|There is no evidence that avoiding nuts, corn, or popcorn decreases the risk of diverticulosis or diverticular complications, such as diverticulitis.||B||40|
Diverticulosis, defined as the presence of diverticula in the absence of inflammation, occurs in 5 to 10 percent of persons older than 45 years and approximately 80 percent of those older than 85 years.1 In 1998, there were 2.2 million cases of acute diverticulitis in the United States, resulting in $2.4 billion in health care expenditures and approximately 3,400 deaths.3 From 1998 to 2005, the annual age-adjusted admissions for diverticulitis increased by 26 percent, with the greatest increased rates of admissions occurring in persons 18 to 44 years of age (82 percent) and 45 to 74 years of age (36 percent).4 In the United States, there is an increased incidence of admissions for acute diverticulitis in the summer months compared with other months, regardless of age, sex, race, or geographic region.5 Of those who have diverticulosis, the lifetime prevalence of developing acute diverticulitis is approximately 25 percent.6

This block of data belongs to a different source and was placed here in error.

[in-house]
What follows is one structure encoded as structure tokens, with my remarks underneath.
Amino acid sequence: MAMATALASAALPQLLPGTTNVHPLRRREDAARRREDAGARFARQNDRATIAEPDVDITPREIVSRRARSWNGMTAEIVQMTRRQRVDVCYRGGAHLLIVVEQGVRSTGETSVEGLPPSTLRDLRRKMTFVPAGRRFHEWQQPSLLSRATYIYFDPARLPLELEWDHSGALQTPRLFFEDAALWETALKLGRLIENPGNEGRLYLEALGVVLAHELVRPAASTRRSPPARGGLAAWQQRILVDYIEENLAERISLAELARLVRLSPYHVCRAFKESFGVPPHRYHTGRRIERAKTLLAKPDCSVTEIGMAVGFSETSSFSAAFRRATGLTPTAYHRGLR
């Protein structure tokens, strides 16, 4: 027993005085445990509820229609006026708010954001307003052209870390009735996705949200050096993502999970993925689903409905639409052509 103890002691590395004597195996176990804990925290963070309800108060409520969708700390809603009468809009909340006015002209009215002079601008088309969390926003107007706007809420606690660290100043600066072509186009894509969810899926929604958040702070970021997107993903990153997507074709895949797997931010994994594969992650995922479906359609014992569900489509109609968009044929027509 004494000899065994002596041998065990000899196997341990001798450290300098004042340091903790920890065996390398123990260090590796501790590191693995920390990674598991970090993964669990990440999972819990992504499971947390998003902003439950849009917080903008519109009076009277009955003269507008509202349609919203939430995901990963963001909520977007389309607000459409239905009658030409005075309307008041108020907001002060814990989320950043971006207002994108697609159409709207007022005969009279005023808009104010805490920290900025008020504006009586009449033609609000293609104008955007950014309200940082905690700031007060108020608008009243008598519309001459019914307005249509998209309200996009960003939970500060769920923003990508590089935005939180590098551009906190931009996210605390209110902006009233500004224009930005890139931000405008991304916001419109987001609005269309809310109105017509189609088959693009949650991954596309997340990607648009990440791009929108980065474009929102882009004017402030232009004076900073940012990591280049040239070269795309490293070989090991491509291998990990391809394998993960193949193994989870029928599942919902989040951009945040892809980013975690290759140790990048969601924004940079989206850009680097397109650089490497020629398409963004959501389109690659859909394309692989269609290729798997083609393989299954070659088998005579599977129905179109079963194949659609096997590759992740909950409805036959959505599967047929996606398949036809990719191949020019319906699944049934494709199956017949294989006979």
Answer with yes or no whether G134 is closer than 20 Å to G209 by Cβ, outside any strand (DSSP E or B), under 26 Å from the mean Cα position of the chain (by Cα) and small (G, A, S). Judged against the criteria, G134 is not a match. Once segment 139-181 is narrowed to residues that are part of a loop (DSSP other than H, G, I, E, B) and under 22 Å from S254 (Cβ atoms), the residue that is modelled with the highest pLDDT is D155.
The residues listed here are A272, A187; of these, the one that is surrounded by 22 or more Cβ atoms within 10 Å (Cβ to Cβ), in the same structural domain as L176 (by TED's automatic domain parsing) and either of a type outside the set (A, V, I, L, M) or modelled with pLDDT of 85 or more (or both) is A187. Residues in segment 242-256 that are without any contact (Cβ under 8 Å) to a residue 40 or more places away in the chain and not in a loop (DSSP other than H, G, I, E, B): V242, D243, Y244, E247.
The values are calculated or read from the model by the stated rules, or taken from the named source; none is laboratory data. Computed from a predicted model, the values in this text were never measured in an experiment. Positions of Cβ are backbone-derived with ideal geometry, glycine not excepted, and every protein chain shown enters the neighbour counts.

Etiology and Risk Factors
Factors associated with diverticulosis include alterations in colonic wall resistance, colonic motility, and dietary issues, such as lack of fiber, that contribute to increased intraluminal pressure and weakness of the bowel wall.1 Genetic susceptibility is an important component for the development of diverticular disease because monozygotic twins are twice as likely as dizygotic twins to develop diverticulosis.7 Aspirin and nonsteroidal anti-inflammatory drugs increase the risk of diverticulitis (hazard ratio = 1.2 to 1.7).8 Other risk factors for diverticulitis include increasing age, obesity, and lack of exercise.1